Schneider defines a ‘cultural system’ as ‘a system of symbols’, and a ‘symbol’ as simply ‘something which stands for something else’ (Schneider 1980 : 1). What interests him, though, is less the project of decoding individual symbols, and more the idea that symbols constitute an autonomous system; within this system, certain symbols are central points of orientation on which all else depends. The claim that culture is a system of meanings which cannot be reduced to accounts of individual behaviour derives from Parsons; the emphasis on the system as a set of relationships derives to some extent from Levi-Strauss; the focus on the cultural core or distinctive essence of an apparently complex society derives from Ruth Benedict and the later work of the culture-and-personality school on national cultures.
Although Schneider’s account of American kinship is empirically weaker than the work of Geertz and Turner — almost self-evidently so in the areas of class, race and ethnicity – and although his theoretical emphasis on the autonomy of culture as a system is clearly contentious and has hardly stood the test of time, nevertheless it can be argued that his work stimulated some of the most imaginative anthropology of the 1970s and 1980s. Partly this is because of his position as a teacher and supervisor of students at Chicago, some of whom were responsible for both the most penetrating critiques of Schneider’s work and the most interesting developments of it. Mostly, though, it is because his example opened up important areas for ethnographic enquiry: the systematic examination of indigenous ideas (and especially systems of ideas) about persons and relatedness, work which has transformed research into areas as diverse as caste in South Asia and gender in Melanesia.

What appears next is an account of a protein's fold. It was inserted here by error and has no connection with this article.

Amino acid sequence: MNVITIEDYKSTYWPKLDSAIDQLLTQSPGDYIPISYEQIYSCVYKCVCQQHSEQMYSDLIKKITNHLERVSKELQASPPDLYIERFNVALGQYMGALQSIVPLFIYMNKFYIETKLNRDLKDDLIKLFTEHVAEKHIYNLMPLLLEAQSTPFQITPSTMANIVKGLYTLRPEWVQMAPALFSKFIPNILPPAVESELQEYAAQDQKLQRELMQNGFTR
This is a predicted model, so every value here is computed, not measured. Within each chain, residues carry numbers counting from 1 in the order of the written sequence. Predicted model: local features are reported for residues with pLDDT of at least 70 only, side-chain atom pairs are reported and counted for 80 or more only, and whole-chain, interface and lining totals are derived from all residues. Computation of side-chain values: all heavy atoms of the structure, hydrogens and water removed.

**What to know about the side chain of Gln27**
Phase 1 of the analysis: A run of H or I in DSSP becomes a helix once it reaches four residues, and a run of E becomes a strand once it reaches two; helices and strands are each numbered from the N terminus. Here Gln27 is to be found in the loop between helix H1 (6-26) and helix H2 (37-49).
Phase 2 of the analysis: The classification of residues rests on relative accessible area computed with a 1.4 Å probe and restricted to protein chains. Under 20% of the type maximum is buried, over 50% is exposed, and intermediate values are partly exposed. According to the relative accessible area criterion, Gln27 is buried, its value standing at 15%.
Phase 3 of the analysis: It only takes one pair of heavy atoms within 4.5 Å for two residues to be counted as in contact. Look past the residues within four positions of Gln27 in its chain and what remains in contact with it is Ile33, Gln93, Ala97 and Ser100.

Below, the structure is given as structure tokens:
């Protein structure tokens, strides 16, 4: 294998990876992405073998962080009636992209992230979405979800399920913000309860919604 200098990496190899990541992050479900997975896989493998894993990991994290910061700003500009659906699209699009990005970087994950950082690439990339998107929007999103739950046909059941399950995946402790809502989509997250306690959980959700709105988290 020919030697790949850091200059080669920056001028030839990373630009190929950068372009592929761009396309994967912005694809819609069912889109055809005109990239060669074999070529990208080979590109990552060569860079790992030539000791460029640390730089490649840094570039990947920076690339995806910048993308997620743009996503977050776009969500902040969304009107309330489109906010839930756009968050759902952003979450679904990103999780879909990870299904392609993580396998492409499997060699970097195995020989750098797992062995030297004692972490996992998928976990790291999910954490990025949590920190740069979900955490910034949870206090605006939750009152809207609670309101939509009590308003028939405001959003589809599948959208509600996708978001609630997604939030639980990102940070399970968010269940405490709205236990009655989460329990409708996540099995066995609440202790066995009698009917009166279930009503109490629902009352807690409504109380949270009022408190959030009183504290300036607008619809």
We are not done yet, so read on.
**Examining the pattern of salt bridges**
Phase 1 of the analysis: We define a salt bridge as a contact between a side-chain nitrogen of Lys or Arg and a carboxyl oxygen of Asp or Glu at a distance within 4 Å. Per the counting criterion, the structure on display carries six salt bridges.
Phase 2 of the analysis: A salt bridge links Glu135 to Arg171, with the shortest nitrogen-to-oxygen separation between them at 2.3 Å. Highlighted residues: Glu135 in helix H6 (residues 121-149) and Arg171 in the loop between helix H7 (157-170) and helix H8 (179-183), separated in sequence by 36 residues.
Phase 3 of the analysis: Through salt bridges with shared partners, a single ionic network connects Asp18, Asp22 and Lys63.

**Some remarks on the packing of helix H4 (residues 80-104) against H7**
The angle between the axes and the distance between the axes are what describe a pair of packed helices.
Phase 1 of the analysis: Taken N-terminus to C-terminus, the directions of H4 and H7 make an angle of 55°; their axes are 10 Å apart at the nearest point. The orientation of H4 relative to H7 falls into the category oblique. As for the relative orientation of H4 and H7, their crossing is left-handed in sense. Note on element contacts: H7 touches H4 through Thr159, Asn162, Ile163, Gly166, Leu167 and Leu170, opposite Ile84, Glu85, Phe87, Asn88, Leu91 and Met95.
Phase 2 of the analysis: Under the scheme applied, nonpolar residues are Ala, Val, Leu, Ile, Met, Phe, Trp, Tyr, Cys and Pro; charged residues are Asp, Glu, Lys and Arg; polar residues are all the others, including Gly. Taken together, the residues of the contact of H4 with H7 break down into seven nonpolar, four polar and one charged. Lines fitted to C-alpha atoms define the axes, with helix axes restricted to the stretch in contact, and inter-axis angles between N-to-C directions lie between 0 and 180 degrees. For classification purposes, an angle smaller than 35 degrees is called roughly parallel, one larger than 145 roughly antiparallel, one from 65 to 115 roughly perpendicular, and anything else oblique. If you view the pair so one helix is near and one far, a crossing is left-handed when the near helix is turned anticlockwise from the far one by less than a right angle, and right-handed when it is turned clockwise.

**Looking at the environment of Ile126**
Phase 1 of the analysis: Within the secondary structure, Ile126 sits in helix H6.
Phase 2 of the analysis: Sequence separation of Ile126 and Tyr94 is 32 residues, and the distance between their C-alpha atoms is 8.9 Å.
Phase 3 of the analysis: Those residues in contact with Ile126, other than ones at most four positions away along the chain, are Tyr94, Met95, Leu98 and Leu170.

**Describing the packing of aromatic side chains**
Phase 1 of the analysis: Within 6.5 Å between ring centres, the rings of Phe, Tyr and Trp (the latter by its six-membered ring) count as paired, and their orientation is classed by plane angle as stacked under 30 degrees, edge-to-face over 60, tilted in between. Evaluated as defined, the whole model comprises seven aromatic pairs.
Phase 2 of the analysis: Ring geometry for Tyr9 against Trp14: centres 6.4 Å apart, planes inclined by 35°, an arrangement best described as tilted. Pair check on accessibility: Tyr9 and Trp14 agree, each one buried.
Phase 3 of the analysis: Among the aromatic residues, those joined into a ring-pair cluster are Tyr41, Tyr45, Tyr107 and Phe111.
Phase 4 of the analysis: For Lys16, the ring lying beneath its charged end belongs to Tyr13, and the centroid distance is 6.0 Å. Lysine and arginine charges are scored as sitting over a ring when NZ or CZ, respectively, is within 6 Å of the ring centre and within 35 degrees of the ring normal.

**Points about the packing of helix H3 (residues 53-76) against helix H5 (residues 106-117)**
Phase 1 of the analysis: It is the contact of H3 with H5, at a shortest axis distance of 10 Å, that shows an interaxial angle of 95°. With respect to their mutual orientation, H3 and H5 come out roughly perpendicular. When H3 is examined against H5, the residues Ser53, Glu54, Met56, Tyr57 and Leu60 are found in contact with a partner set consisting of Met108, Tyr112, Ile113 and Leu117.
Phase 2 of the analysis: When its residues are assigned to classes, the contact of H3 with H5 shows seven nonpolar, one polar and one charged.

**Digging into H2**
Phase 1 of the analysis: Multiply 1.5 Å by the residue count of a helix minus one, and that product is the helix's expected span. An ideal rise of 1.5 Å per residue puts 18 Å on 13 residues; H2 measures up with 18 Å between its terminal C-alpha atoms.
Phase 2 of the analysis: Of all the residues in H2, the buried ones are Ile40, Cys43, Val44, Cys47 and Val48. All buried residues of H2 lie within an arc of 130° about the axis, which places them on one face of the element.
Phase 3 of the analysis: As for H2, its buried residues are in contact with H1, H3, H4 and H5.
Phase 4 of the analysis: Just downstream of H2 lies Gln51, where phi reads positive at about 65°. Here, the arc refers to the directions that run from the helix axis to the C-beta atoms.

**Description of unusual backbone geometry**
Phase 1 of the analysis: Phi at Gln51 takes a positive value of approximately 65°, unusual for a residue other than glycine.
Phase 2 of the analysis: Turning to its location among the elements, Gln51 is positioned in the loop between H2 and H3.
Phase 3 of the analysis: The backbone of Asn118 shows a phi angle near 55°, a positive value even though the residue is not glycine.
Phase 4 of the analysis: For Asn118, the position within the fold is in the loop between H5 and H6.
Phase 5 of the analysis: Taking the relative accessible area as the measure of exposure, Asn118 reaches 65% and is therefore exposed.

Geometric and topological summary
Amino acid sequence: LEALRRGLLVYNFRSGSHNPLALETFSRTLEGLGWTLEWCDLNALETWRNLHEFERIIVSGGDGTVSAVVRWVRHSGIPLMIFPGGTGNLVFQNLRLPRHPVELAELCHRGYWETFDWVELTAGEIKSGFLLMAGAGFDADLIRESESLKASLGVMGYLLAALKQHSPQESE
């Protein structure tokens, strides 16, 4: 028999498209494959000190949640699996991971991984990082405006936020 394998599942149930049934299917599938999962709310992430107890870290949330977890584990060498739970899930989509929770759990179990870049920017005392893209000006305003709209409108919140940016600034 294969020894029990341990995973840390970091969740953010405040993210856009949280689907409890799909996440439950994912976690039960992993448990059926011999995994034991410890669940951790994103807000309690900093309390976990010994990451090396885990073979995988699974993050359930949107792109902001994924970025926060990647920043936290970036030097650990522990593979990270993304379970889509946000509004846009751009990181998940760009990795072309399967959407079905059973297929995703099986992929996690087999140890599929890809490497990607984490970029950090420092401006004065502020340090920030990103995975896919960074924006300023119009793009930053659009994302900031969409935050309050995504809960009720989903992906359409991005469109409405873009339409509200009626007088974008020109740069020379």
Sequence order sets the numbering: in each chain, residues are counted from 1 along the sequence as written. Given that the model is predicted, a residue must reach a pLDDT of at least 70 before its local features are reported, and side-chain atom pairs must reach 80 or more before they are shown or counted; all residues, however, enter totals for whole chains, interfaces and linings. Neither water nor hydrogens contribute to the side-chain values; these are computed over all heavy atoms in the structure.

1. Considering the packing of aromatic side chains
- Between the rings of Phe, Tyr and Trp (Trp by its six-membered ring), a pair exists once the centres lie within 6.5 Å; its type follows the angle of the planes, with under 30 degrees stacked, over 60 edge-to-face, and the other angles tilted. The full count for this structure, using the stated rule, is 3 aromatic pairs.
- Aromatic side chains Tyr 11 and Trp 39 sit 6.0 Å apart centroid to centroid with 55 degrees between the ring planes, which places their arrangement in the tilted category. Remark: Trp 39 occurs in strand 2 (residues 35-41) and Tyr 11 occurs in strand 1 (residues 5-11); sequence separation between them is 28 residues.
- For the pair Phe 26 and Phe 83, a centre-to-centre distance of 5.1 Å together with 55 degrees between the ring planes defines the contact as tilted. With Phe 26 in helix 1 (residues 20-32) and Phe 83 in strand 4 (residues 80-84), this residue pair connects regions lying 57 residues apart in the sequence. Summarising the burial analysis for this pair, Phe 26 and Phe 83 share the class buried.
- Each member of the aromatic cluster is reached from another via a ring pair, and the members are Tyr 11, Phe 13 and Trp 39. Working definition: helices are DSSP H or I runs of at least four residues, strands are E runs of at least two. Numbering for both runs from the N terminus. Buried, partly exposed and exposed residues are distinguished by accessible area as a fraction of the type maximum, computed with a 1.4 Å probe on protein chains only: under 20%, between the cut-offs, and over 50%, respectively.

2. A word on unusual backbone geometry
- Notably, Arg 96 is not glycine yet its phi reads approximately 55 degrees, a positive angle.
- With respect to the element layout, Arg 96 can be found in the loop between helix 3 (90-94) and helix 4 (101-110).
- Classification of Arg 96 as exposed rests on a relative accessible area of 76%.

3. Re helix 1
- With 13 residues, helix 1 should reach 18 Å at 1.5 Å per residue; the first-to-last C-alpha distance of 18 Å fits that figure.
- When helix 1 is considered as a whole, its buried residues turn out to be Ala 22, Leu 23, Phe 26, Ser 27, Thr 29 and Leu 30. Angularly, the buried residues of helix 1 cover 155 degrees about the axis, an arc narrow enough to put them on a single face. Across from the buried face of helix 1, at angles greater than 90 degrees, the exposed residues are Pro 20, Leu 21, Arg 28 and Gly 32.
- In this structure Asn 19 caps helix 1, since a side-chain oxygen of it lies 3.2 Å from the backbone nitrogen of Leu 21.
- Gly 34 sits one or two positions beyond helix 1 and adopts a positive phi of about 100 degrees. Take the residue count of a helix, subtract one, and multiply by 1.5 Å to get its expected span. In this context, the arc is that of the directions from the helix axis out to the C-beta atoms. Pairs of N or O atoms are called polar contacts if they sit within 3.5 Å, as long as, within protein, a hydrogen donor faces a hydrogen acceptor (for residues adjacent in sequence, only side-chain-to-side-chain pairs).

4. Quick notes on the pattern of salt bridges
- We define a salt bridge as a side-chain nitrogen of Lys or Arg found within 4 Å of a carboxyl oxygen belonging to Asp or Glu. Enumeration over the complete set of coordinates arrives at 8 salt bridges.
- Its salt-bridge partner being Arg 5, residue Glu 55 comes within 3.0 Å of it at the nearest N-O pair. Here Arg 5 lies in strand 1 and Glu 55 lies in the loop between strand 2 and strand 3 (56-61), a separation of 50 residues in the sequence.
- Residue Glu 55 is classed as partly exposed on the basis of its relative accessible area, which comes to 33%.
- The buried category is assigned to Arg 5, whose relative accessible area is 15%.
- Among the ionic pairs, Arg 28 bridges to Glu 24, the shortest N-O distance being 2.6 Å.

From reading to writing